They've seen it all no matter where you give birth.
I mean, the day you met me I was wearing Absolutely not.
Well, yes, I mean, that is almost always the case at a homebrew you were naked when we met.
Well, no, I wasn't when we met but a few hours later I was pretty quickly after.
I cannot say that anyone else I've ever known in my life. So good for me.
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She writes, hi, we just found out we are a surprise pregnant with baby number two. Pretty soon after we had baby number one, we're really unsure about timing. So we had an ultrasound to figure out the dates. I was a little bummed about this because I wanted to avoid ultrasounds with my next pregnancy except the 20 week anatomy scan. I met a traditional ob right now but I'm planning to switch to birthing center to do a more natural route this time. In the ultrasound, they found a hematoma. She wrote, they found a hematoma slash hemorrhage, whatever you want to call it. I had one in my first pregnancy, and I got pretty big at one point. So I was getting ultrasounds fairly often. I had four ultrasounds before the 18 week mark with my last one and it had gone away. My main question is how big of a deal are hematomas I'm on pelvic rest, but I'm still breastfeeding my first and lifting him all day long. They had me not lift more than 10 pounds at one point in my pregnancy with him. I don't want to ignore it. But I also don't want to continue getting ultrasounds to monitor it if they're not necessary. I know if it doesn't go away, a traditional ob would want to do a C section. But would that be necessary? I don't want to not take necessary precautions. But I also don't want to make a mountain out of a molehill. Thanks for any input you have to offer. She said it so well. I don't want to not take necessary precautions. That's the uncomfortable place. We're usually and we don't want to not do the responsible thing. But then how can we keep it more natural? And how can we keep it safer? To every extent that we really should? So Trisha, what do you want to say about this?
Well, I believe what she's referring to is something called a sub chorionic hemorrhage, which is a small bleed that happens between the uterine lining and the outer layer of the amniotic sac. It's actually fairly common in pregnancy. And oftentimes, this occurs and it's if you don't have an early ultrasound or an ultrasound before the 18 to 20 week anatomy scan, it's not even picked up. Or if you don't have spotting in pregnancy, that's another that would be another indication for getting an ultrasound that may lead to this diagnosis. But the truth is they are common and they are self limiting. And they don't really change the outcome of the pregnancy. There has been some studies in the past that have said that people with subchorionic hemorrhage or bleeding in early pregnancy have a higher rate of miscarriage. But there are also others more recent studies that say that it has no impact on the rate of miscarriage, I think that she should feel reassured that this is okay. And that she doesn't need to have excessive monitoring, that it will resolve and that it really should not have any impact on the outcome of mode of delivery. So her concern about having to have a C section, whether she stays with this ob it sounds like she's not going to but whether she did or not, she should absolutely still be able to have a vaginal birth. The point about having not having been on pelvic rest and not and being advised to not lift more than 10 pounds at any point in your pregnancy. You know what, with a toddler? Now, that's just not possible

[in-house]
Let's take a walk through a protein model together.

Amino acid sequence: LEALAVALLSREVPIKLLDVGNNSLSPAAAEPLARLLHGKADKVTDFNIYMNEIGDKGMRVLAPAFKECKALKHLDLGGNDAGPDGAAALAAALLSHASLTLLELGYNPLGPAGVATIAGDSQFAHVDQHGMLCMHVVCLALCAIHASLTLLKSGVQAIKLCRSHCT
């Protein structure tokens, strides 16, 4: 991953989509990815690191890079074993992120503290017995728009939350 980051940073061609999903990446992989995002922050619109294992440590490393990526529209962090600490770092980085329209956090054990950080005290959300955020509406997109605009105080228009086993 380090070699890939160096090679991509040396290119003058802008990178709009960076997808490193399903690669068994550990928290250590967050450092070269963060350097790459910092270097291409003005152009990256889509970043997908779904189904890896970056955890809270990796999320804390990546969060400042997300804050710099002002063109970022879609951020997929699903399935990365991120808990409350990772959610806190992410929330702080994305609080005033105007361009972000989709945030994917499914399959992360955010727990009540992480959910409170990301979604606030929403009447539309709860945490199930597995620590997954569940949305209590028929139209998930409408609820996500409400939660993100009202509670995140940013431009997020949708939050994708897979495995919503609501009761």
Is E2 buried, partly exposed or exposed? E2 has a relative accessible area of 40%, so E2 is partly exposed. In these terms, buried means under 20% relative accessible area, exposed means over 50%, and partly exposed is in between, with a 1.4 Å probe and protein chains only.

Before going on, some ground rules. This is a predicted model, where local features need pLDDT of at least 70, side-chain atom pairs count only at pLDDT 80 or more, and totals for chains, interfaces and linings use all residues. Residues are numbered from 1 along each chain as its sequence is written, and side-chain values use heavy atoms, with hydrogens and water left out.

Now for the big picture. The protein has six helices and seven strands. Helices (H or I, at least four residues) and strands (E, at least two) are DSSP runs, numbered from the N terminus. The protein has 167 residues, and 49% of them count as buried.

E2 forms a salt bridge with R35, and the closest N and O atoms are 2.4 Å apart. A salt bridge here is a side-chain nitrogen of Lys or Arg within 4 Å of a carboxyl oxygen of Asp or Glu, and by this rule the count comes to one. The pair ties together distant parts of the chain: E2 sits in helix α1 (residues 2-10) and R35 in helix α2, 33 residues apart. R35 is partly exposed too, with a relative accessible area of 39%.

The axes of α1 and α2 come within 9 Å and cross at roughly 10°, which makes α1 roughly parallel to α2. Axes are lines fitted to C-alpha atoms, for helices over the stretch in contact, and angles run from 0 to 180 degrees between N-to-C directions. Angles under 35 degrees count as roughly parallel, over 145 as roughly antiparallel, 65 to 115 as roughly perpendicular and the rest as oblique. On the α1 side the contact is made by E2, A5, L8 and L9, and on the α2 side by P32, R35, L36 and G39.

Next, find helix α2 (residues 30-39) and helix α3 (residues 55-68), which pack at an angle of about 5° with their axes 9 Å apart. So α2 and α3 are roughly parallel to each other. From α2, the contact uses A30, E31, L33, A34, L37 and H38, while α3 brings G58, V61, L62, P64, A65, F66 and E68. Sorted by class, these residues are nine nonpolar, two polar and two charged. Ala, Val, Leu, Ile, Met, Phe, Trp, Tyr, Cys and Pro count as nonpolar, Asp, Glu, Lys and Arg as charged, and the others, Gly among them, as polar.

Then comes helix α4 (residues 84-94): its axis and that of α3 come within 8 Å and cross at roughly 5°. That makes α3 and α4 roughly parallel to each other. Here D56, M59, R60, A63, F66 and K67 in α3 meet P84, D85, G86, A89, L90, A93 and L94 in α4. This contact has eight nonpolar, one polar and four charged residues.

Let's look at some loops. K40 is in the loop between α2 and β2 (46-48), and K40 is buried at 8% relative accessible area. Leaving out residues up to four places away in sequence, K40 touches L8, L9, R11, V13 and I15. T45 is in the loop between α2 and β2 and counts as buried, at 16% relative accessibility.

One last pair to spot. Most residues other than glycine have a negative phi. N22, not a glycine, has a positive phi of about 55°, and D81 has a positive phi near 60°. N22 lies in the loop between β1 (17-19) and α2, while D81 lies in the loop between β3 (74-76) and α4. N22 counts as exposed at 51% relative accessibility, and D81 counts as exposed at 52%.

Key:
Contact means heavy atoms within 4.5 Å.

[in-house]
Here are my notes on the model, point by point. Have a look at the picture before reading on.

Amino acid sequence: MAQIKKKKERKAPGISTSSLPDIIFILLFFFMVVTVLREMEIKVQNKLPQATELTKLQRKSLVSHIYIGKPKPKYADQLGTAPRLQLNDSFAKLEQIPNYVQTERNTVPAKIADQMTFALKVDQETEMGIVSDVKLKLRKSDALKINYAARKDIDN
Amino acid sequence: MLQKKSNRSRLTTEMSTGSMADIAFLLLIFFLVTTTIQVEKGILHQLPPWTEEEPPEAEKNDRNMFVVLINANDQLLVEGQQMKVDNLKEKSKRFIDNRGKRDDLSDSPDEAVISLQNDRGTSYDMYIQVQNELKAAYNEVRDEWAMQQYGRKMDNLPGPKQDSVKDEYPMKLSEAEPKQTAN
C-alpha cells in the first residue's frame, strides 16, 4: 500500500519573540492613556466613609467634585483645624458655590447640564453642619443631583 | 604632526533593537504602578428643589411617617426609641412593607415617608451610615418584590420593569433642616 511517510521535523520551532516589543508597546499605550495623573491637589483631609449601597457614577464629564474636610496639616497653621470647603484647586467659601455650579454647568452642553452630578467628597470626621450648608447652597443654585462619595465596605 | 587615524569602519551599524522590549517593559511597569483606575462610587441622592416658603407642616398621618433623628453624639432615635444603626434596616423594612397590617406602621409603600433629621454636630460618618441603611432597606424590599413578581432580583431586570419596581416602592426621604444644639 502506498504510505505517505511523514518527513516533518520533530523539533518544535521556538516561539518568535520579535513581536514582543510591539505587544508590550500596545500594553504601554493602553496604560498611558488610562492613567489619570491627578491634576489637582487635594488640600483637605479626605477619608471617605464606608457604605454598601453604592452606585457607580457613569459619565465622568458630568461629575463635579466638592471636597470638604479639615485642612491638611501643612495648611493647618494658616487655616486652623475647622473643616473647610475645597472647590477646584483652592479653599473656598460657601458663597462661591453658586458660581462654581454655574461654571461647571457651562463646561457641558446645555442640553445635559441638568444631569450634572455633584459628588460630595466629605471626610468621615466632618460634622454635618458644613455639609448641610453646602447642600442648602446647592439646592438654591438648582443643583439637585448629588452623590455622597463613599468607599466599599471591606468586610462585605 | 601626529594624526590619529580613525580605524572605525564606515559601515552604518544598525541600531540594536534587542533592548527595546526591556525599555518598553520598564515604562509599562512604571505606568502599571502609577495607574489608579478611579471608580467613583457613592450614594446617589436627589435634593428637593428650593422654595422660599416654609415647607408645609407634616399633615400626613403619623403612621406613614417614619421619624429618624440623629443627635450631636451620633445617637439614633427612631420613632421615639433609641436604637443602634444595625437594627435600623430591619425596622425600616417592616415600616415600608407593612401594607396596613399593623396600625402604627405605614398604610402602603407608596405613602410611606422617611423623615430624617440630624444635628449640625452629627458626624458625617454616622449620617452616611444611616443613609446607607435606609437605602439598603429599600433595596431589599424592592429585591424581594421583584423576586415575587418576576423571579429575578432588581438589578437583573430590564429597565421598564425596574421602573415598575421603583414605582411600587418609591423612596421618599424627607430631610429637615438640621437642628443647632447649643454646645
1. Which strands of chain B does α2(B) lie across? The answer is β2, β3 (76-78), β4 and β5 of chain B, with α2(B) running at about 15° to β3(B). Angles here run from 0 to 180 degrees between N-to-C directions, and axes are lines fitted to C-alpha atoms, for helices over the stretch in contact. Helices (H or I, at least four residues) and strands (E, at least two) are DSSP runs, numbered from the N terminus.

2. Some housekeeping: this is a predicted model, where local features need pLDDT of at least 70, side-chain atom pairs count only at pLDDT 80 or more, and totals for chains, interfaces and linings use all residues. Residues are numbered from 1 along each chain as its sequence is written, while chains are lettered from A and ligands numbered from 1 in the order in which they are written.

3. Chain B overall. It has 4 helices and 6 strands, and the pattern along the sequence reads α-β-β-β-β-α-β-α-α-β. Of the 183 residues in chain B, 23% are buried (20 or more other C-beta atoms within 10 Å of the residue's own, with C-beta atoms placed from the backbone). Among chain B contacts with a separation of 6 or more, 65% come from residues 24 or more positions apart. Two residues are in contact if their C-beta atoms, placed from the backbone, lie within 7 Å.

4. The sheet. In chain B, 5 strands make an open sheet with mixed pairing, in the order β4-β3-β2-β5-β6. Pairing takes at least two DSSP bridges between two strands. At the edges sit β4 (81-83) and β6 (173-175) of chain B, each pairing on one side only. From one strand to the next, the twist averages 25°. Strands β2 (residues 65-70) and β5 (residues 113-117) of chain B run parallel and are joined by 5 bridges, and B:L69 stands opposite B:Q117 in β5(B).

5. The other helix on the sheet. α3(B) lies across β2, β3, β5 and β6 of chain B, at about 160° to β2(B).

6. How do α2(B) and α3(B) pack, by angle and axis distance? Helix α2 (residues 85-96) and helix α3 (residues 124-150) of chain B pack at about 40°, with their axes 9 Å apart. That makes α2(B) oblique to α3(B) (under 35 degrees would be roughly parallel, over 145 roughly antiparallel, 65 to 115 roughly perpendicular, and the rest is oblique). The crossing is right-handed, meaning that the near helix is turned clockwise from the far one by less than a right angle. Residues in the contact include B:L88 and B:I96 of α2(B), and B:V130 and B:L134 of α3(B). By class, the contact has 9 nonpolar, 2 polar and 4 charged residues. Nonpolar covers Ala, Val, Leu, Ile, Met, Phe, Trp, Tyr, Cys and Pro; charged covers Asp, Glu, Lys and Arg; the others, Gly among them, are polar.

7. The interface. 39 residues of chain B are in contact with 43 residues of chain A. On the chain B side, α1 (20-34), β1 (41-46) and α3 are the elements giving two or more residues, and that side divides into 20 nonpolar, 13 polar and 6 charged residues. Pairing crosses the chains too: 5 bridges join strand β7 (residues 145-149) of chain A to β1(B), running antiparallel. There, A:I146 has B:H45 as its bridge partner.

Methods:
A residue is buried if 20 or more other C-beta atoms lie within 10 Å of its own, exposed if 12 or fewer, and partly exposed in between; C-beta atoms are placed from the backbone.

with a grocery bag that it's impossible. 10 pounds. Yeah. So
you know, you're gonna have to let that go.
Okay, here's the next one. I have a question that's been driving me crazy. And I'm hoping you can answer. I've been working so hard to make sure I'm in healthy fit shape to birth at the birthing center. So I can have a water birth. My recent fear is what if the baby's head comes out, but his body gets stuck. I'm so nervous. Too much time will go by between the head and body coming out that he would inhale some of the water. It seems silly, but I've been totally freaked out about it. Does this happen? Trisha, why don't you explain?